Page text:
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China’s £1bn VR theme park, East Valley of Science and Fantasy, to open late 2017

East Valley of Science and Fantasy in Guizhou Oriental Times media Corp china Vr theme park

A ground-breaking VR theme park is due for completion in south-west China, with exciting themes of battling dragons and walking with aliens.

An enormous Transformer statue towering at 53 metres (174 feet) takes pride of place. The structure was built out of 750 tonnes of steel, at a cost of £11 million and will provide an awesome sight for visitors.

The theme park, called East Valley of Science and Fantasy in Guizhou province, is slated for completion in December 2017, starting with the first phase, called Alien Base.

The £1 billion project is the brainchild of the Oriental Times Media Corp’s animation unit. It will be part of a vast 1.3 square kilometre (320 acres) development.

Amazing pictures of the theme park under construction can be found here.

China’s virtual reality market set to expand

VR helmets and other tech gadgets will be handed out to visitors so they can interact with the environment. “The VR park will give players a more-realistic feeling than video games,” said Shi Xiangdong, chairman of Shuimu Animation Co Ltd, Oriental Times’ animation unit that will oversee the project.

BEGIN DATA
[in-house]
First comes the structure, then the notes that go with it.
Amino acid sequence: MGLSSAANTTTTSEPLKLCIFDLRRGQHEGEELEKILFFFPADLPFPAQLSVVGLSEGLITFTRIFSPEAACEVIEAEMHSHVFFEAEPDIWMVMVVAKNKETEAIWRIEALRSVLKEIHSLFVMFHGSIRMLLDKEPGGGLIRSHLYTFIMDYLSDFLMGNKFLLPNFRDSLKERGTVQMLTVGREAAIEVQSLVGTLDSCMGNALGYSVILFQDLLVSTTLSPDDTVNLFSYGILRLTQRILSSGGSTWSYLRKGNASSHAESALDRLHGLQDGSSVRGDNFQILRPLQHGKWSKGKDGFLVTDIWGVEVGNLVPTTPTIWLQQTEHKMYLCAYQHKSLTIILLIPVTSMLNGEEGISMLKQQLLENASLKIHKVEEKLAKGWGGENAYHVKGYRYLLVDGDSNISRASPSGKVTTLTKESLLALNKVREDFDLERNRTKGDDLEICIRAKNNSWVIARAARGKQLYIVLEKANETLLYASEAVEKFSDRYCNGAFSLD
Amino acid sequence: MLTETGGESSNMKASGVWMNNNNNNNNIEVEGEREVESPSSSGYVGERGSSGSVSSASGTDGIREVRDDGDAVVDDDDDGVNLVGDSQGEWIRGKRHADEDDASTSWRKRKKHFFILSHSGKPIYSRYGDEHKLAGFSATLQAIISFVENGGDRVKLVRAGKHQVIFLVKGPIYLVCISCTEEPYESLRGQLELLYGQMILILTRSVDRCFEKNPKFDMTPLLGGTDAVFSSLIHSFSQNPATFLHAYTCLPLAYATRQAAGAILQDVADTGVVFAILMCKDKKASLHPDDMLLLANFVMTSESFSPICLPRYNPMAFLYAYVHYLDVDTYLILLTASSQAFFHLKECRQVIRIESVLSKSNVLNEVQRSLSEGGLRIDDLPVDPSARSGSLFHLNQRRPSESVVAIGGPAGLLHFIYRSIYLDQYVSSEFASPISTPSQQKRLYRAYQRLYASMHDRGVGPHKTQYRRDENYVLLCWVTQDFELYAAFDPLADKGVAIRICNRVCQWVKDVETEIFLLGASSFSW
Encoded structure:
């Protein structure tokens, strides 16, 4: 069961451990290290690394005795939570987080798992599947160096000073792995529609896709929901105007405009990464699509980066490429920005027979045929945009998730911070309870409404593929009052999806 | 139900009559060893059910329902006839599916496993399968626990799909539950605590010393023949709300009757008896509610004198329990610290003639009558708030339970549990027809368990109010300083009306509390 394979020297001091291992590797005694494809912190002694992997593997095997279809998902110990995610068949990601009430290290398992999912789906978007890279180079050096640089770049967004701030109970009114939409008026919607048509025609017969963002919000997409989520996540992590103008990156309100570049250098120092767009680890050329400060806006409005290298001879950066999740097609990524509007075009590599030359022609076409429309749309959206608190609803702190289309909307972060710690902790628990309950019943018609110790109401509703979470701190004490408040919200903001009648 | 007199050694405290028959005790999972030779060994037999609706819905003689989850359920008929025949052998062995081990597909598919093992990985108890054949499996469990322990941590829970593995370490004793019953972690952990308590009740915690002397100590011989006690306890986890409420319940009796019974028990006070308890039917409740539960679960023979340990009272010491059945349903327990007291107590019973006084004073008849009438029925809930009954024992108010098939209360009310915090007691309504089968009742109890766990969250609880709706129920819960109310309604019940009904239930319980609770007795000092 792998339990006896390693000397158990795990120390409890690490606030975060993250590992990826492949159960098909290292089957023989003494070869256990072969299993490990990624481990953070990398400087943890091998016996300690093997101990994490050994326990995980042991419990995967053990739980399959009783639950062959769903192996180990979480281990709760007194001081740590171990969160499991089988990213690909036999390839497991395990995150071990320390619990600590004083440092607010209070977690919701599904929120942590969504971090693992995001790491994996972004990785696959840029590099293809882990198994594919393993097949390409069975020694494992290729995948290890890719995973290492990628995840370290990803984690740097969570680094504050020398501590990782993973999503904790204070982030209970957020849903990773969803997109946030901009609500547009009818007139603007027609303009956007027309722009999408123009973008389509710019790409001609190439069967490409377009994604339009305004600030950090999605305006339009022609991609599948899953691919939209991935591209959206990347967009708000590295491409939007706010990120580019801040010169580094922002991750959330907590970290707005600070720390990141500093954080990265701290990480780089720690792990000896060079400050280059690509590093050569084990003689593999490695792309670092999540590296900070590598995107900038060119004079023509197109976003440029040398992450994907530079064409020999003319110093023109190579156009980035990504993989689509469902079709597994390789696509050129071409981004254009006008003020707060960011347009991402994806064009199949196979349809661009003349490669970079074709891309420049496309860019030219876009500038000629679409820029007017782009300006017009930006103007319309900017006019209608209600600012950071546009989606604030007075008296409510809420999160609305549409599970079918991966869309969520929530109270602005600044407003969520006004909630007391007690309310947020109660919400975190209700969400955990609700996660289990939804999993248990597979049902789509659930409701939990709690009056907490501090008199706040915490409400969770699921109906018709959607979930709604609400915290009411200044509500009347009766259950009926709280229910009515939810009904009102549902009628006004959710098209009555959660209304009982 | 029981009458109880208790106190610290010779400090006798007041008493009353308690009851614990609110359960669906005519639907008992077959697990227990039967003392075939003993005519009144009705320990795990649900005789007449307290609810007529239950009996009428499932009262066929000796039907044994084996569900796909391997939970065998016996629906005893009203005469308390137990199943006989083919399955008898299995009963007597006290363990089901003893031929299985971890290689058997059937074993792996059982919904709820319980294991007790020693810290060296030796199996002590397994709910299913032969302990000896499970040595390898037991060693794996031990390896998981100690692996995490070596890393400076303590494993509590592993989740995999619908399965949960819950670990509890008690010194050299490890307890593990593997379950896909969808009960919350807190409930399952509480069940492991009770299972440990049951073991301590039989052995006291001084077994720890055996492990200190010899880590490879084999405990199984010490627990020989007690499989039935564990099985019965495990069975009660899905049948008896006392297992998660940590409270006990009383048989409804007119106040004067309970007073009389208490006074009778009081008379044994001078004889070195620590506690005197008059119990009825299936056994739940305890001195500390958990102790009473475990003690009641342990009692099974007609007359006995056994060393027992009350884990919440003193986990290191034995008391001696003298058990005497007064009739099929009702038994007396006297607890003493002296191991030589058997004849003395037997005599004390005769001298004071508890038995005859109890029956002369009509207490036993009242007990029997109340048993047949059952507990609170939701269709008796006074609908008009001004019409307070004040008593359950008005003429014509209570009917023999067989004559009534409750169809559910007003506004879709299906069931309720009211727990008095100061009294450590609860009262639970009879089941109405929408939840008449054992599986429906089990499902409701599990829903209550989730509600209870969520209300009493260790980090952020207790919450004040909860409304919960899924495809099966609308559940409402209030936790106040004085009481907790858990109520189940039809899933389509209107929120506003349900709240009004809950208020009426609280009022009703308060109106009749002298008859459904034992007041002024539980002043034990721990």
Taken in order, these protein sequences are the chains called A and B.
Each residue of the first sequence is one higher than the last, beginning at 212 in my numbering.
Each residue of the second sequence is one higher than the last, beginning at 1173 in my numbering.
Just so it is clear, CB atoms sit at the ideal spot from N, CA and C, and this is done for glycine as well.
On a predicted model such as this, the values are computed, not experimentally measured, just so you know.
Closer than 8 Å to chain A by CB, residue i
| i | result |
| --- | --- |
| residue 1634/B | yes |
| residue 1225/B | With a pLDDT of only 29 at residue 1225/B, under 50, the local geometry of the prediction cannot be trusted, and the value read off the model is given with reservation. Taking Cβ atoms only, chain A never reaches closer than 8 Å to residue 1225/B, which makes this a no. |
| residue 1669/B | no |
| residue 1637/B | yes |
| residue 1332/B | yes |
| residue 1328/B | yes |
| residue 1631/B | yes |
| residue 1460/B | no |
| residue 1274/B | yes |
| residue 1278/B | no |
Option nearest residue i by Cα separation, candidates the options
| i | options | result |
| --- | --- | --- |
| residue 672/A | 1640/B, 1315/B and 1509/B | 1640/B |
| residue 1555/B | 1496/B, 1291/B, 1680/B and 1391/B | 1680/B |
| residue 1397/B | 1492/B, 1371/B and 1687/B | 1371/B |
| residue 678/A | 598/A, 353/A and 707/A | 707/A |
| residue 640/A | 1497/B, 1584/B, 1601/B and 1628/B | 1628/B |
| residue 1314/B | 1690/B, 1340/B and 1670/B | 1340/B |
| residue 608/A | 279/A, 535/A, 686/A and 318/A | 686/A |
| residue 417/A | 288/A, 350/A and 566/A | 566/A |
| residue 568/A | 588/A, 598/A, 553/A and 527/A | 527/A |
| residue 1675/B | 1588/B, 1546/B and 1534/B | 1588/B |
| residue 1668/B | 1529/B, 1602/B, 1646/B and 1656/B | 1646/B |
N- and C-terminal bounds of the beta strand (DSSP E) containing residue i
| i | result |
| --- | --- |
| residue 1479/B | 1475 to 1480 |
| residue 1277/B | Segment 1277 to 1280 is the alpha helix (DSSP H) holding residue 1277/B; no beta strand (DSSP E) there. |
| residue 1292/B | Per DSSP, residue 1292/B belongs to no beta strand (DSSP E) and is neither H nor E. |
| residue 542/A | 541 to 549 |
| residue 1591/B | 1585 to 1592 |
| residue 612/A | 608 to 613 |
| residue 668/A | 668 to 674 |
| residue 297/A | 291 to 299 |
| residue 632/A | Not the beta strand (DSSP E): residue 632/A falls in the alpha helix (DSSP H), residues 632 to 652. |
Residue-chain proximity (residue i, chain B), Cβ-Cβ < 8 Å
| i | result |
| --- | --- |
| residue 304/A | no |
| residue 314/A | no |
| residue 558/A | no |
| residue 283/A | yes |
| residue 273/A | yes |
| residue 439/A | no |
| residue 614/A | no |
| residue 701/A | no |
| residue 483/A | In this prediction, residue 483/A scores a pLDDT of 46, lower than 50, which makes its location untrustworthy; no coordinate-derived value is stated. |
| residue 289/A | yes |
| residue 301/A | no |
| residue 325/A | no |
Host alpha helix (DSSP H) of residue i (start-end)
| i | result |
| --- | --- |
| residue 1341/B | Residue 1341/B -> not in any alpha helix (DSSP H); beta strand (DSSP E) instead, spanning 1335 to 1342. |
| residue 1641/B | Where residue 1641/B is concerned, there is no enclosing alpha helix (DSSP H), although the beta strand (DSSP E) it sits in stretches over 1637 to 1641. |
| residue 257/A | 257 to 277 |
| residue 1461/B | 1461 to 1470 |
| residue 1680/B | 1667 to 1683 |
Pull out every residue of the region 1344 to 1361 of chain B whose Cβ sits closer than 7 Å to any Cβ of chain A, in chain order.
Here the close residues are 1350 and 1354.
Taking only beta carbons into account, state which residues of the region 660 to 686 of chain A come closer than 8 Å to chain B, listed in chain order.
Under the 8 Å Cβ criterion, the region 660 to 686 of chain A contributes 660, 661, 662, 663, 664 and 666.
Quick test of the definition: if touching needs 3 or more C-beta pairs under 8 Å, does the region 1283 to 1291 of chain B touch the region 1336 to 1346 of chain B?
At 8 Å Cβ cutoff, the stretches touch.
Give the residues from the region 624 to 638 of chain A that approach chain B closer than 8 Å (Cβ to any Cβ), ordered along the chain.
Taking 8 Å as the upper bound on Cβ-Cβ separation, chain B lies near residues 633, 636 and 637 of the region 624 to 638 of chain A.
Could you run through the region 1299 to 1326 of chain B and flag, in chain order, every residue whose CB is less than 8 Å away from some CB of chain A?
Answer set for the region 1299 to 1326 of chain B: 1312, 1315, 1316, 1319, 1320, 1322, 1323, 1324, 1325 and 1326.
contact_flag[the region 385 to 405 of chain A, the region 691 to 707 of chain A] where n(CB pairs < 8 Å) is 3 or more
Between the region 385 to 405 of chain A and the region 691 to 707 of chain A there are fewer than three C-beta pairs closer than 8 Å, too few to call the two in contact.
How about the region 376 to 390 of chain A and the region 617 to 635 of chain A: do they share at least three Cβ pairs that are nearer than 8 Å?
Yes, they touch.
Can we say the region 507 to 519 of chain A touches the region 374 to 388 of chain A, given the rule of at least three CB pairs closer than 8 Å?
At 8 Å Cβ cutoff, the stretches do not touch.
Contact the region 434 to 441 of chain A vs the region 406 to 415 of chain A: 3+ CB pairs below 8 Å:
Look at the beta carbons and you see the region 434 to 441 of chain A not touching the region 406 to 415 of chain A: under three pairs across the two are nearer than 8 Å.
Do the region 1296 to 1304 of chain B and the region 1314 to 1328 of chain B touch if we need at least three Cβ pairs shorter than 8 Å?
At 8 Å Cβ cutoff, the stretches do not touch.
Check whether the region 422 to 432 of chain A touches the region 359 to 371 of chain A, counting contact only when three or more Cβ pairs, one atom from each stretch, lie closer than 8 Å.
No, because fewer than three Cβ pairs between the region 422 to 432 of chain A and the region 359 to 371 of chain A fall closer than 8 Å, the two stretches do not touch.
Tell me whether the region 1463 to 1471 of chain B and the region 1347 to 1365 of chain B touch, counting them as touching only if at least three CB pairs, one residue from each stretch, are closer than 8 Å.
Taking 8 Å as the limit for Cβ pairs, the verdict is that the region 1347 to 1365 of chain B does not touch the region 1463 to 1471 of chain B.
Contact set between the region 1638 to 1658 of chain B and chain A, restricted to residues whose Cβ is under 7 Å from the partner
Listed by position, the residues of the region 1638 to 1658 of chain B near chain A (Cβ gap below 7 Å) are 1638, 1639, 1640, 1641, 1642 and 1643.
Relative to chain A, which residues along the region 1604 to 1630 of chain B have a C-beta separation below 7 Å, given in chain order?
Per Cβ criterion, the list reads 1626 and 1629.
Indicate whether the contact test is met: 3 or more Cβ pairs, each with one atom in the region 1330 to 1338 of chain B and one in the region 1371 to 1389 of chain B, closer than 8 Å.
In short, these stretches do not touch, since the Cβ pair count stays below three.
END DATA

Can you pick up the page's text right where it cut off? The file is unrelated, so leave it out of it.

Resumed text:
“Moreover, we will feature China’s first VR roller coaster and 13 pavilions showcasing different UFOs, which can help children explore outer space in a digitally immersive way,” said Shi, according to Guizhou’s official website.

The park will also have China’s first VR roller coaster and 13 sections with various kinds of UFOs, offering children an absorbing way to learn more about space and astronomy.

Other proposals include a virtual reality move, a development centre and a state-of-the-art media research facility.

The global VR market is set to reach $30 billion by 2020, with the Asian market a key driver, Tim Merel, founder and chief executive of industry research firm Digi-Capital, said in a China Daily report.

“There are significant concentrations of development in Asia, with the Chinese market in particular giving rise to many homegrown competitors,” said Merel. “China is one of the most interesting markets, with many great innovators and entrepreneurs.”

Shanghai-based Shanda, is ploughing a $350 million investment in the VR sector, according to a company executive.

Robert Chiu, president of Shanda, said the company is introducing The Void theme park to an undisclosed location in China. The Void is a United States-based entertainment company that specialises in VR technologies.

“We will build it (in China) as soon as we have a local partner,” Chiu told China Daily. He added that the VR park gives players more realistic feeling than video games and the construction time will be significantly less than traditional theme parks such as the Disneyland.

Image: Oriental Times Media Corp

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